Roughly four in ten Americans will receive a cancer diagnosis in their lifetime. Many of those folks will never meet the doctors most instrumental in their treatment—their pathologists.
Pathologists operate behind-the-scenes. They help diagnose patients and provide treatment recommendations to other doctors.
The United States will need thousands of additional pathologists to meet patient demand over the next decade. They're likely to come from international medical schools.
International medical graduates are entering pathology in increasing numbers. Many of them are U.S. citizens who traveled abroad to receive their education. The United States should welcome them home to practice.
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Pathologists examine body tissues, cells and organs in order to study the causes and nature of everything from cancer and blood disorders to HIV/AIDS and cardiovascular disease.
Say a doctor suspects that her patient has breast cancer. She may collect a piece of breast tissue for analysis. From there, the sample goes to the pathologist, who conducts a thorough examination and makes a diagnosis. The pathologist also often conducts additional tests to determine which therapies are most likely to kill the cancer cells of that particular patient.
That work is absolutely crucial. Consider the importance of early detection of breast cancer. Women diagnosed with the disease at the earliest stage are more than six times likelier to live past five years than those diagnosed at the most advanced stage. Potential delays in that initial diagnosis could lead to delays in treatment—and a decrease in survival rates.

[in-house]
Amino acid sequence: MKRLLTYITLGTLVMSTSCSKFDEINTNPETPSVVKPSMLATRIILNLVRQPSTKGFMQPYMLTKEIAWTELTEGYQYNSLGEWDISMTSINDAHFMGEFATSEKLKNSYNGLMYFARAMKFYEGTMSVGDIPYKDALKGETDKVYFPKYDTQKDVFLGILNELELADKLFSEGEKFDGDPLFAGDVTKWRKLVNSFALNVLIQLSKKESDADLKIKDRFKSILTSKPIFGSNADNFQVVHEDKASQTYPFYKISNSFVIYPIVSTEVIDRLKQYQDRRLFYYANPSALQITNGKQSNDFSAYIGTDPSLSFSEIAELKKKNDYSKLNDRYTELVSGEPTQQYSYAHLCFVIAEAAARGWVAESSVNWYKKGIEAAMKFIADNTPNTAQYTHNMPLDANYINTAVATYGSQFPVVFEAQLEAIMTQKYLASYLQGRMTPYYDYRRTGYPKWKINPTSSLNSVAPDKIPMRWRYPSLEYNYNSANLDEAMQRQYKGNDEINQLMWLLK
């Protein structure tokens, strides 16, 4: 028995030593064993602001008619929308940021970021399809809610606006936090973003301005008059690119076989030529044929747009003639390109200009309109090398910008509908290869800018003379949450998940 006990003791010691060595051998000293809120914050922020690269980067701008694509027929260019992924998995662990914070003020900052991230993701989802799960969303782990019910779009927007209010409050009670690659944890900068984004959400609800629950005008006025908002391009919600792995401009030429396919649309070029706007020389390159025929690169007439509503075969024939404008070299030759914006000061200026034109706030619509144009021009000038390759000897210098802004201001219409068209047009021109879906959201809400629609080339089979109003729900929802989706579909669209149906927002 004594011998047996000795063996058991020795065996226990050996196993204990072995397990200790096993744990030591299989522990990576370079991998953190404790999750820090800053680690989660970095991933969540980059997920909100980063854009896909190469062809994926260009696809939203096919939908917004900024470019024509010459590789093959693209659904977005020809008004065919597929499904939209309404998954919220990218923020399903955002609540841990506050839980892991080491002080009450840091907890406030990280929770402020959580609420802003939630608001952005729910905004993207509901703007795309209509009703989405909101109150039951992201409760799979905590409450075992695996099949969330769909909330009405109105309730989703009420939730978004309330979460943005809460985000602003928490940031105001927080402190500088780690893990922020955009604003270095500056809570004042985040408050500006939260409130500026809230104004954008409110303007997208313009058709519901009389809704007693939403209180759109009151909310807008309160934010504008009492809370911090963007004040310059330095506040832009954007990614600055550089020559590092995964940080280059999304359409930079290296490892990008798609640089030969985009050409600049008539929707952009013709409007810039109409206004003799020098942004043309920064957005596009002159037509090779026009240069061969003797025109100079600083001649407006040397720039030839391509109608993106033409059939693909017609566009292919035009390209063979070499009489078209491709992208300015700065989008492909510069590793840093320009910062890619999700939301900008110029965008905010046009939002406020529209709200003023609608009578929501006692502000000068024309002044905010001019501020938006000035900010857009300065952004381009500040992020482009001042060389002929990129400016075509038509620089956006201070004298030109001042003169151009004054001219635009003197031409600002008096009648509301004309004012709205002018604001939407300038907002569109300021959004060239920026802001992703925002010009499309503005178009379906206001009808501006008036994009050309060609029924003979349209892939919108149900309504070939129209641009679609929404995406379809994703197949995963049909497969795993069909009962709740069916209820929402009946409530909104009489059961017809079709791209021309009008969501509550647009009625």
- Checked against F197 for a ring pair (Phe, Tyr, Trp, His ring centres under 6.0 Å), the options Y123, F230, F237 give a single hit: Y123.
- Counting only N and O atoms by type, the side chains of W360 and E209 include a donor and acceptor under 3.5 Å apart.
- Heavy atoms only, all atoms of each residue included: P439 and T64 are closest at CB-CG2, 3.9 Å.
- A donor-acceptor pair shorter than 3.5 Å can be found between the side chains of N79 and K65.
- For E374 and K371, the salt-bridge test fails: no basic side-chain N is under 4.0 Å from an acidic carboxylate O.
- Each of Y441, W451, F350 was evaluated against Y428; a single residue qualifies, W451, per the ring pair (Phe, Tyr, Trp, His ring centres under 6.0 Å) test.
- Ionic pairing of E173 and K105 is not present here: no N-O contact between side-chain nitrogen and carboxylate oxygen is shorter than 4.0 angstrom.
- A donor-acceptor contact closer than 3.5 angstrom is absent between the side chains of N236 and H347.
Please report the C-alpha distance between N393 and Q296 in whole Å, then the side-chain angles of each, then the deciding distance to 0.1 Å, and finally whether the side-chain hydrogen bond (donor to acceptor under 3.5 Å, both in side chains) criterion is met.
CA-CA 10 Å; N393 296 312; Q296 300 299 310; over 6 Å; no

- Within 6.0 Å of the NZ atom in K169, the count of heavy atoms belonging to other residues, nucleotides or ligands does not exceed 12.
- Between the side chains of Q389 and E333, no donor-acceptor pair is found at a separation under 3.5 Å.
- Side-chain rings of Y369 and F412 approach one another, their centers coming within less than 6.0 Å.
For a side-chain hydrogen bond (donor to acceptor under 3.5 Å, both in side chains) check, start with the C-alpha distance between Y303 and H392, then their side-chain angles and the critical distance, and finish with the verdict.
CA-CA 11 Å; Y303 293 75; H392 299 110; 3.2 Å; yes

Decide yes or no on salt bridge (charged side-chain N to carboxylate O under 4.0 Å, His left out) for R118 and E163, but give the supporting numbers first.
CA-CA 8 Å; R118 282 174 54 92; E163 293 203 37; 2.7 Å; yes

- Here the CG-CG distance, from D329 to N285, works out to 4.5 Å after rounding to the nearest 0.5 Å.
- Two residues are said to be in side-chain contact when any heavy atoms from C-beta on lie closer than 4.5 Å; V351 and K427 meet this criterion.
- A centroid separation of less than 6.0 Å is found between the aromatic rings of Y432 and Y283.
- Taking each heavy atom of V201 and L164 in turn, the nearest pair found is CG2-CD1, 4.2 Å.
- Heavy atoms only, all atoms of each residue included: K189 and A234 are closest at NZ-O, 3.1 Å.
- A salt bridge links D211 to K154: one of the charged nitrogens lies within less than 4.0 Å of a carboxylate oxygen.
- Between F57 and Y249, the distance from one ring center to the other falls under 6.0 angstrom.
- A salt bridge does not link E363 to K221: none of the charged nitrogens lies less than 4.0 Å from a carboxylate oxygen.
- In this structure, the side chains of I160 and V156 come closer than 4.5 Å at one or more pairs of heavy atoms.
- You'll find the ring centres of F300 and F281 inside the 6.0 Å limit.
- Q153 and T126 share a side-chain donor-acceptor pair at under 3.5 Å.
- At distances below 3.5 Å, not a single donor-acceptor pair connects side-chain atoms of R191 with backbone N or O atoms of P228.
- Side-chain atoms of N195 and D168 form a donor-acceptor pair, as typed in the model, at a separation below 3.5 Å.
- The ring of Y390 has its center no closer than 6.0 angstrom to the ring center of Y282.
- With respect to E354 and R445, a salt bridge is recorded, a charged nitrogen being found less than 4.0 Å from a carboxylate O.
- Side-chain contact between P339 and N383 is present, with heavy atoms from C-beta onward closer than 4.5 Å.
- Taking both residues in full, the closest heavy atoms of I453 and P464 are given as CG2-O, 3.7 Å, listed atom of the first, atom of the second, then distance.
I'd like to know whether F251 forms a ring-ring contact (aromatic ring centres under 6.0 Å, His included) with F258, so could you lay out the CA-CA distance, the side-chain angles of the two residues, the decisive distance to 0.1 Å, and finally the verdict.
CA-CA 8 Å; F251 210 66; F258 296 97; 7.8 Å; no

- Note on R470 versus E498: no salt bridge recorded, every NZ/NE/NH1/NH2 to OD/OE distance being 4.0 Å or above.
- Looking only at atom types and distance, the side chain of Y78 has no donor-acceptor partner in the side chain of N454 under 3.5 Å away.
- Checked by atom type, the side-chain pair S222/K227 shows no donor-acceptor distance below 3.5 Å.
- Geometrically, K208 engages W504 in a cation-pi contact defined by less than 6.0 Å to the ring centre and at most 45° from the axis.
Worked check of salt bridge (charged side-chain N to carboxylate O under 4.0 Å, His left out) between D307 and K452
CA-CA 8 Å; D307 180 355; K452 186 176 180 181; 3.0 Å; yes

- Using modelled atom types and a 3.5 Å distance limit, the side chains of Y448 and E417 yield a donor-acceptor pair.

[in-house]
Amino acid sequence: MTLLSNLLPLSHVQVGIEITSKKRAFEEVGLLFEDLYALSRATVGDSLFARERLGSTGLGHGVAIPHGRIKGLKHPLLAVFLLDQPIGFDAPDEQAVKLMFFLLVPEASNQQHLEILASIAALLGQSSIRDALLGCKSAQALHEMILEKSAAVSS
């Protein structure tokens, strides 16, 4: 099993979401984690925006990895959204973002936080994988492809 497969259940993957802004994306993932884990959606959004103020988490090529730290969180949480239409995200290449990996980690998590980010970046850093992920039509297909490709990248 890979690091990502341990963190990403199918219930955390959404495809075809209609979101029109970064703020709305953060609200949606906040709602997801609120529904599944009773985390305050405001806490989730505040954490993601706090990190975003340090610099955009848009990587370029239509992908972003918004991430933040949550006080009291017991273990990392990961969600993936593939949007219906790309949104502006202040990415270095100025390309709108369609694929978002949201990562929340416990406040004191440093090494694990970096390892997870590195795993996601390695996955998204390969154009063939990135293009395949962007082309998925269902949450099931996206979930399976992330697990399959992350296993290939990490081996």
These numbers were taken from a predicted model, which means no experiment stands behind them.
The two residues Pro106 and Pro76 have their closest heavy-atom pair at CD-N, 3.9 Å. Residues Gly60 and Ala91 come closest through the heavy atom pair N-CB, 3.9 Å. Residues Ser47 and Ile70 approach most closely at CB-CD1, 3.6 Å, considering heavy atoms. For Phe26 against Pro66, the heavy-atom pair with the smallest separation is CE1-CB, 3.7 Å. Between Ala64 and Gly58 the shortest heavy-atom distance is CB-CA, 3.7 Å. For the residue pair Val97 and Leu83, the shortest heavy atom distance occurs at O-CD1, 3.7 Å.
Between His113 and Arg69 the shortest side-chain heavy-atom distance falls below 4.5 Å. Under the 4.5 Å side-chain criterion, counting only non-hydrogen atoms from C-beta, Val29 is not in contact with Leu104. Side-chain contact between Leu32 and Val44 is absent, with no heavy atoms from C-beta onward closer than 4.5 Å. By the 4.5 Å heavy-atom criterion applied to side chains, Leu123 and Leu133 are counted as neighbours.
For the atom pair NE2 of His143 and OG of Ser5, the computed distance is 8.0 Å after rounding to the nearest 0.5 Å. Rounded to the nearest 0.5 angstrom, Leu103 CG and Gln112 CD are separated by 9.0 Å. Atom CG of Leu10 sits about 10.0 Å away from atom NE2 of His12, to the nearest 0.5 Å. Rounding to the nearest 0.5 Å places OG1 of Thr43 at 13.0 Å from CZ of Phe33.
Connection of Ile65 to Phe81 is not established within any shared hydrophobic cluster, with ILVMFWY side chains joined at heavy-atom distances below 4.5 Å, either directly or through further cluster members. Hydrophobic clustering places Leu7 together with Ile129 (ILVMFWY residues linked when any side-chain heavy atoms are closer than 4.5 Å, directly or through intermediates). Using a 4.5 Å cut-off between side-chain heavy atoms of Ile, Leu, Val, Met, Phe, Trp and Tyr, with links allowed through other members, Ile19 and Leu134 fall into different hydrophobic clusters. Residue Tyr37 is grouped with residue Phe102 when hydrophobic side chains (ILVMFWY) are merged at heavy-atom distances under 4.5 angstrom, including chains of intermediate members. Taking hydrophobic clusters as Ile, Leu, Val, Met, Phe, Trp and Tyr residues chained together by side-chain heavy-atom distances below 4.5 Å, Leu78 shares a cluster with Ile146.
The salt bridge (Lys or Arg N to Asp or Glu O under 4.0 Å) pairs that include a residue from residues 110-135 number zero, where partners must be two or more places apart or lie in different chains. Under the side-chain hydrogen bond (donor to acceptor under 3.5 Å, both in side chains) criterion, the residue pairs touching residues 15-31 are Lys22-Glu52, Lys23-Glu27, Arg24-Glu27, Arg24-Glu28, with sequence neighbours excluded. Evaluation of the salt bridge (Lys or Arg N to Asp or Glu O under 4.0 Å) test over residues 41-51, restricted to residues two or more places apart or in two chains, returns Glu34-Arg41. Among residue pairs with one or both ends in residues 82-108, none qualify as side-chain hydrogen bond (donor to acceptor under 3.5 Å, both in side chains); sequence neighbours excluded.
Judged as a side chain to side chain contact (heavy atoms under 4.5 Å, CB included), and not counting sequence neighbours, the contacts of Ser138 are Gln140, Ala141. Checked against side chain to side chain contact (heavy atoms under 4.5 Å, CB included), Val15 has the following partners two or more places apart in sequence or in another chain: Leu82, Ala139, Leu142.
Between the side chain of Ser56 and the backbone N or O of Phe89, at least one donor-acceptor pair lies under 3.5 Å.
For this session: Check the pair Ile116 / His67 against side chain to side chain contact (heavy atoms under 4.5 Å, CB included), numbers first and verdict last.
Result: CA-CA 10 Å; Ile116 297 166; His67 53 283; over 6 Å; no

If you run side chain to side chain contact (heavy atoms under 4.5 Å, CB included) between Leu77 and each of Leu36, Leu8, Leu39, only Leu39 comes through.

That's why the pathologist shortage is so concerning. The number of U.S. pathologists decreased by nearly 18% between 2007 and 2017. During that time, the "diagnostic workload per pathologist" rose by almost 42%.
That's taken its toll. One-third of active pathologists are "burned out," according to Medscape's 2019 survey.
And many pathologists are on the road to retirement. In a 2013 study, researchers found that more than 40% of pathologists were 55 or older. They predicted that retirements would reach their apex in 2021.
Consequently, by the end of next decade, the United States will be short more than 5,700 pathologists.
Graduates of international medical schools are poised to close that gap. They already account for nearly one-third of the U.S. pathologist workforce. That figure is set to increase over the next several years. Nearly 45% of active pathology residents graduated from an international medical school.
This year, 4% of international medical graduates selected residencies in pathology. That might not seem like a large number—but it's nearly four times the share of U.S. med school graduates who chose pathology. Further, the percentage of U.S. grads selecting pathology has declined over the last five years.
Graduates of the school where I teach, St. George's University, are increasingly deciding to pursue careers in pathology. Twenty-three of our graduates just began pathology residencies in states nationwide—everywhere from California and Pennsylvania to Texas and New York. Over the past five years, more than six dozen of our grads have entered pathology programs.
The growing demand for pathologists must be addressed. Graduates of international medical schools will be the ones to meet that need.